Nocfloofnal

Nocfloofnal (floofinition) – Animals, especially housepets, who roam, play, eat, and fight at night.

In use: “Among housepets, cats are recognized as being nocfloofnal, with videos of them raising hell while their people trying to proliferating across the net.”

The Trump Dream Segment

In the middle of my dreams was a segment featuring Donald J. Trump.

We were evacuating somewhere. The reasons for that were unclear. It was a watery place, more like a large lake or ocean than river or flood.

I was somehow involved with organizing it because, it’s my dream, right? We’re following OPLAN 1067. I don’t know if such an operations plan exists, but that’s the dream’s claim. For that, we need aircraft.

They’re being acquired. This is like the planning phase of the evacuation.

Donald J. shows up. We all get respectful, waiting to let him speak. He says, “You know what your problem is. You got too many planes.”

We’re all puzzling this out. We’re following the OPLAN. OPLANs follow painstaking processes and are based on past learning experiences. The OPLAN dictates how many planes we should have.

Although I’m not the head honcho, I’m about to point this out to Trump when the head honcho does. “We’re following OPLAN 1067. It calls for us to have sixty-seven aircraft.”

Trump then replies, “What’s an OPLAN?”

That leaves us all gaping and speechless. I answer, “OPLAN is an acronym for operational plan, a formal plan to address a problem or situation.”

Getting testy, Trump replies, “I know what an OPLAN is.” Then he turns to leave and says again, “You have too many planes.”

Then he’s gone.

Thursday’s Theme Music

I have another Seger offering. As I was checking out the sunset last night — not too red, not too many particulates in the sky — I remembered other sunsets in other places, not so much exact moments but the sense of time. Foremost was being in California, watching sunsets in Half Moon Bay. Too much thule fog kept most of our sunsets from being spectacular.

Even so, infrequently one would slip through. Occasionally, we’d encountered the perfect triad of temperature, sunset, and ocean experience to elevate it to something wonderful that I could draw on for the rest of my life.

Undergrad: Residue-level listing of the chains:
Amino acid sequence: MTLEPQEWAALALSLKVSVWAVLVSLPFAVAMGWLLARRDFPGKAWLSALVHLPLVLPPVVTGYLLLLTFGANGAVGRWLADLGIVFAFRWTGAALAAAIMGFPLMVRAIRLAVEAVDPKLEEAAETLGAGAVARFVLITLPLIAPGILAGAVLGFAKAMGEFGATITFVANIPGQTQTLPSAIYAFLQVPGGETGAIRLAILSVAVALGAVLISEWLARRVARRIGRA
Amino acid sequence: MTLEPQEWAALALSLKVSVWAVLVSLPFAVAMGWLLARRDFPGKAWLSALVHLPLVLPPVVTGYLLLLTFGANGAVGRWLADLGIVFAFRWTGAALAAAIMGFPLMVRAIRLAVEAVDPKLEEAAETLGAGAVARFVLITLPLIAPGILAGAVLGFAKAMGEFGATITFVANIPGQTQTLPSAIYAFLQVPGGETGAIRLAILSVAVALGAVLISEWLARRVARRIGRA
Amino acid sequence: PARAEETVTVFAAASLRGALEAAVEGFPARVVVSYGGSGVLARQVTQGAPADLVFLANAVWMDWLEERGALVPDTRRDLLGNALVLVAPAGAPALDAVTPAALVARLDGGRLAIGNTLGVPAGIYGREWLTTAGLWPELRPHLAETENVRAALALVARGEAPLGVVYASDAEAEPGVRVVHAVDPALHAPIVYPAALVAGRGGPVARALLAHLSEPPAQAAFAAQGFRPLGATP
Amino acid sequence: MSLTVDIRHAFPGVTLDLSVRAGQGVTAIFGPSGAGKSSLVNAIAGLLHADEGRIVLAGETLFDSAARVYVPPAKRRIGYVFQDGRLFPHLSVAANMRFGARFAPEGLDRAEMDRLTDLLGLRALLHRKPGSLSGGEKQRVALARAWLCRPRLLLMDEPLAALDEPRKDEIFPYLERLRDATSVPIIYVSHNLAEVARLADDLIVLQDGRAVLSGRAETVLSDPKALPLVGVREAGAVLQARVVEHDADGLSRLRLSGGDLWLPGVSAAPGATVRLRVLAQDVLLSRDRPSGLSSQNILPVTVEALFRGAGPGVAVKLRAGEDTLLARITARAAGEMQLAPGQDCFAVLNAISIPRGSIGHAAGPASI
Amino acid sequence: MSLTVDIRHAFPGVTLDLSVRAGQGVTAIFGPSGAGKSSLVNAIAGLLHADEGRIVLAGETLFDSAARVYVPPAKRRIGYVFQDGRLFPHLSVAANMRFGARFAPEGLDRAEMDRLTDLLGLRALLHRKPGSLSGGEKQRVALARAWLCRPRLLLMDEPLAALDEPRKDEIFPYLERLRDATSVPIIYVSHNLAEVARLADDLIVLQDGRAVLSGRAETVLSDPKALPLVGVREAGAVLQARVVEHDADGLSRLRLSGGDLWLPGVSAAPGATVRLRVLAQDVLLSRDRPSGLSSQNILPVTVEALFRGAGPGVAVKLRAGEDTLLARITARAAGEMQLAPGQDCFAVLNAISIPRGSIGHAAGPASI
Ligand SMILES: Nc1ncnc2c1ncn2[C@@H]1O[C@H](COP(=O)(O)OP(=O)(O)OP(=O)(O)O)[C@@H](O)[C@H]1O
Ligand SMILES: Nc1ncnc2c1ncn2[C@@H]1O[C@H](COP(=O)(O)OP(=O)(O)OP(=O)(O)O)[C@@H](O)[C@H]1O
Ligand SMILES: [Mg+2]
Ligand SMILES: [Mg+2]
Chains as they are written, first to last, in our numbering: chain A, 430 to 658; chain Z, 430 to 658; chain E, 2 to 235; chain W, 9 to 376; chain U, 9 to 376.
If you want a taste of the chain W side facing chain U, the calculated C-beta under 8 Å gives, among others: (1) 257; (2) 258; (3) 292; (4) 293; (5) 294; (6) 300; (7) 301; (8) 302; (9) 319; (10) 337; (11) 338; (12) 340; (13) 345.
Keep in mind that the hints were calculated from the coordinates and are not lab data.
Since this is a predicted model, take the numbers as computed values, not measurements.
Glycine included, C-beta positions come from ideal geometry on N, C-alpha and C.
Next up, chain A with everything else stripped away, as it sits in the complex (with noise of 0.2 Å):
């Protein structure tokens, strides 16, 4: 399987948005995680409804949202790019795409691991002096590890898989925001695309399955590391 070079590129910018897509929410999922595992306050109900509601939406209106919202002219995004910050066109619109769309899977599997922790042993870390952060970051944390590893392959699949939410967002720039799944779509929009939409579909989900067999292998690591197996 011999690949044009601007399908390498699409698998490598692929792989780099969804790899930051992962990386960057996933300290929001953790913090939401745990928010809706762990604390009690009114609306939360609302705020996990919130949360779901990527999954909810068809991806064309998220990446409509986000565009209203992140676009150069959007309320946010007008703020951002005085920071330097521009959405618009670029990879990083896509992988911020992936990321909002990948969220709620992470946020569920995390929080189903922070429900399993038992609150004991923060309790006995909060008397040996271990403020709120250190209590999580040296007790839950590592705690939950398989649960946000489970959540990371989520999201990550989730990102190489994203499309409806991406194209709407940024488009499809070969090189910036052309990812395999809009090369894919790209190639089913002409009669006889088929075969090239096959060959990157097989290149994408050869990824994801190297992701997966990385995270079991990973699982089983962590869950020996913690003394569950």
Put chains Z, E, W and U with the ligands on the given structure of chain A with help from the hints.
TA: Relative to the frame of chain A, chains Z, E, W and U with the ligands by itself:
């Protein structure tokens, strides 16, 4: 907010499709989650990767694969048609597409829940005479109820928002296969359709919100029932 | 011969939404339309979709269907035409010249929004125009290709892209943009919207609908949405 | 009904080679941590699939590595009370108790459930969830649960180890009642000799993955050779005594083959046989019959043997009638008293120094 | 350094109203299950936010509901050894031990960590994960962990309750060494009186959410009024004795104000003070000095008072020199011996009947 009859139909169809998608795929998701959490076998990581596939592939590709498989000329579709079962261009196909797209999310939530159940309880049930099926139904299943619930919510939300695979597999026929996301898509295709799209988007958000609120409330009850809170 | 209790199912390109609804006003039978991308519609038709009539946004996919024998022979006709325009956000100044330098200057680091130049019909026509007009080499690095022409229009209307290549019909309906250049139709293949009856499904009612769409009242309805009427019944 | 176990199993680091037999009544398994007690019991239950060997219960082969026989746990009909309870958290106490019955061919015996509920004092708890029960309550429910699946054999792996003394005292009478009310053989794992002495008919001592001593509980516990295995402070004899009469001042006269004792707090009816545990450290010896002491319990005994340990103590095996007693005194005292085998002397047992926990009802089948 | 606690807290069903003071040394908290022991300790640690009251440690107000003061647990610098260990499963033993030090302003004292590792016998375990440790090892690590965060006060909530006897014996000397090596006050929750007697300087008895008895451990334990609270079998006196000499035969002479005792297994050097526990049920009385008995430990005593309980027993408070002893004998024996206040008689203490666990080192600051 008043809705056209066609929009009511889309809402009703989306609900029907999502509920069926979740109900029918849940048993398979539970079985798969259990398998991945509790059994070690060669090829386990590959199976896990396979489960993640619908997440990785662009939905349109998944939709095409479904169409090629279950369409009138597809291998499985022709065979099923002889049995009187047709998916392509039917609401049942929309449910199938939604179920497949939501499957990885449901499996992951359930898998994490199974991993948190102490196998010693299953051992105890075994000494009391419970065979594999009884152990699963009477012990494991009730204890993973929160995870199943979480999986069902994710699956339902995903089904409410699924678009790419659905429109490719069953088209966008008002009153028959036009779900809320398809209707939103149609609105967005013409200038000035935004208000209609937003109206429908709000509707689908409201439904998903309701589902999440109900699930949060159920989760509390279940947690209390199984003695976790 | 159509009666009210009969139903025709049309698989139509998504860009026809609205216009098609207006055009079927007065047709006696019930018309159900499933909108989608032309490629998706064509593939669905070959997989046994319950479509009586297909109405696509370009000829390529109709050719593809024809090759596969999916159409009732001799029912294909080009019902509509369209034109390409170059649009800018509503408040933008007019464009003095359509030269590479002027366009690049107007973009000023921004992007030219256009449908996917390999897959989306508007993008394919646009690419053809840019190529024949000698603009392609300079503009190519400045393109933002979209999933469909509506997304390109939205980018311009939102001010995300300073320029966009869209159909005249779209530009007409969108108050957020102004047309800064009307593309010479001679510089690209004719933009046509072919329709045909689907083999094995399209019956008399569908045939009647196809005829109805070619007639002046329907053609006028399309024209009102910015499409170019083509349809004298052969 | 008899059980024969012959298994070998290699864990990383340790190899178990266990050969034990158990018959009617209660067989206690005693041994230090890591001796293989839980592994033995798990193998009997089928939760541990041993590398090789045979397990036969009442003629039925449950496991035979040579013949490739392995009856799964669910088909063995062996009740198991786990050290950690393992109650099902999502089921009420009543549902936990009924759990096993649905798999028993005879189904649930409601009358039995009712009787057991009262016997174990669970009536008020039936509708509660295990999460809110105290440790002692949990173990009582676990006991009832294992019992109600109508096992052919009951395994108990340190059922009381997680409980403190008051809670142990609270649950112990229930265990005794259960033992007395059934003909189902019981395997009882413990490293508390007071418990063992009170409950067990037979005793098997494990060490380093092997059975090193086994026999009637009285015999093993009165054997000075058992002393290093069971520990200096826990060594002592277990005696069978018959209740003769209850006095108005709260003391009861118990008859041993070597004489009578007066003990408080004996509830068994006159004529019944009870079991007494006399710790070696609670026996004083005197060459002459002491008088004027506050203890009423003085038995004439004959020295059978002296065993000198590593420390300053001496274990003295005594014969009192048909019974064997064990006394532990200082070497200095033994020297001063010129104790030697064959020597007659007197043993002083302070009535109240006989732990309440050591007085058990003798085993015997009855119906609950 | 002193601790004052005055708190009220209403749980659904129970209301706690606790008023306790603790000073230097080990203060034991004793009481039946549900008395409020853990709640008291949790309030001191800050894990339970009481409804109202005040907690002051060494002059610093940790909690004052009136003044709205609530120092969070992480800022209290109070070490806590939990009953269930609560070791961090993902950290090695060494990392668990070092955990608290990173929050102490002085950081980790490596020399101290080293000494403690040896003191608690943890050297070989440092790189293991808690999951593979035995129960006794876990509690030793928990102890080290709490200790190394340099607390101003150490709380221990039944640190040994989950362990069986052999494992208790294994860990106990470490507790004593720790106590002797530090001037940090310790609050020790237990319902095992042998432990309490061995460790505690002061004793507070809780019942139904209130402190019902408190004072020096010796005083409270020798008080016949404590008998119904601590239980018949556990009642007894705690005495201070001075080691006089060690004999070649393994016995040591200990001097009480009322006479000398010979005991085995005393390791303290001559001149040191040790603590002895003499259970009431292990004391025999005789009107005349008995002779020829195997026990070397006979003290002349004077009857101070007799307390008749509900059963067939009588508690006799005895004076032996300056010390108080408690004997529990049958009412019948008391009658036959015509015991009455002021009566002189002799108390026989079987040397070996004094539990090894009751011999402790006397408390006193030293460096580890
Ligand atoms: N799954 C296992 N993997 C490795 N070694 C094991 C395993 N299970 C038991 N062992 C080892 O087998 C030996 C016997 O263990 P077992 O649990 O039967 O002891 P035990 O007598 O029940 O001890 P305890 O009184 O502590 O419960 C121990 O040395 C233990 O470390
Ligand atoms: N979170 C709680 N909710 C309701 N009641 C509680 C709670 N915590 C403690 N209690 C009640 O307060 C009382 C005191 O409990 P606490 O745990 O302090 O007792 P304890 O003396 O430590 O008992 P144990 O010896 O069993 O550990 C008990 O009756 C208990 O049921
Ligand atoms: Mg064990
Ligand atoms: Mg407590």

That’s where I was last night. Out of that sense of remembrance came Bob Seger and the Silver Bullet Band with “Hollywood Nights” (1978). That song captures a sense of fundamental change. After such an experience, nothing is seen as the same again.

The Puking Game

We do not know the rules.

We suspect it goes something like this.

One of the housefloofs goes and pukes quietly. Their object appears to puke somewhere where it’ll take some time to notice, and not leave any clues to the puker’s identity.

We’ve found three such pukes over the last three days. “Someone puked in the living room,” my wife announces.

I check it out, like I’m doubting her report, right? No, I want to conduct forensics, clues like hairballs. But there’s nothing distinguishing about this puddle of upchucked kibble.

“I didn’t hear anything,” I say. Everyone who has an animal knows that each pet has signature sounds associated with their puking. They usually have a preferred place, too. This doesn’t fit any of our animals.

Did our animals bring in a guest floof to puke, to mess with our heads?

“I didn’t hear anything, either,” my wife said.

Of overriding concern when you have a puker is the source’s health. Is this the first sign of serious trouble or a one-time gack attack?

The second day was more concerning. One day is an incident; two days are a worrying coincidence. “Someone puked again,” my wife called out. “On my rug again. Why do they have to puke on my rug?”

“Maybe they’re sending you a message.” I checked out the vomitus. It was as undistinguishing as the first. Again, I’d heard nothing.

I looked around. The three cats were sitting there, watching, like spectators, you know?

Two of them appeared to be smirking.

Now there’s a third puke, except…

Hearing the noise, I rolled out of bed and stumble through the gray drizzle of six AM autumn light. I already guessed (because I saw Boo back in the bedroom and Papi sitting outside on the patio as I oriented myself and ordered, “Left foot, right foot, go forward,”) that it was Tucker, caught it in act.

Yes, indeed. This was a standard hairball.

Was it part of the game, or genuine illness?

Seeing me, he hurried over. “Meow?”

“I’m not feeding anyone,” I answered, guessing that’s what he asked. It was still just after six. I’d stayed up late writing, and I was going back to bed. As I climbed back between the sheets, I saw Boo, Papi, and Tucker watching me. Round one was over.

I wonder who won.

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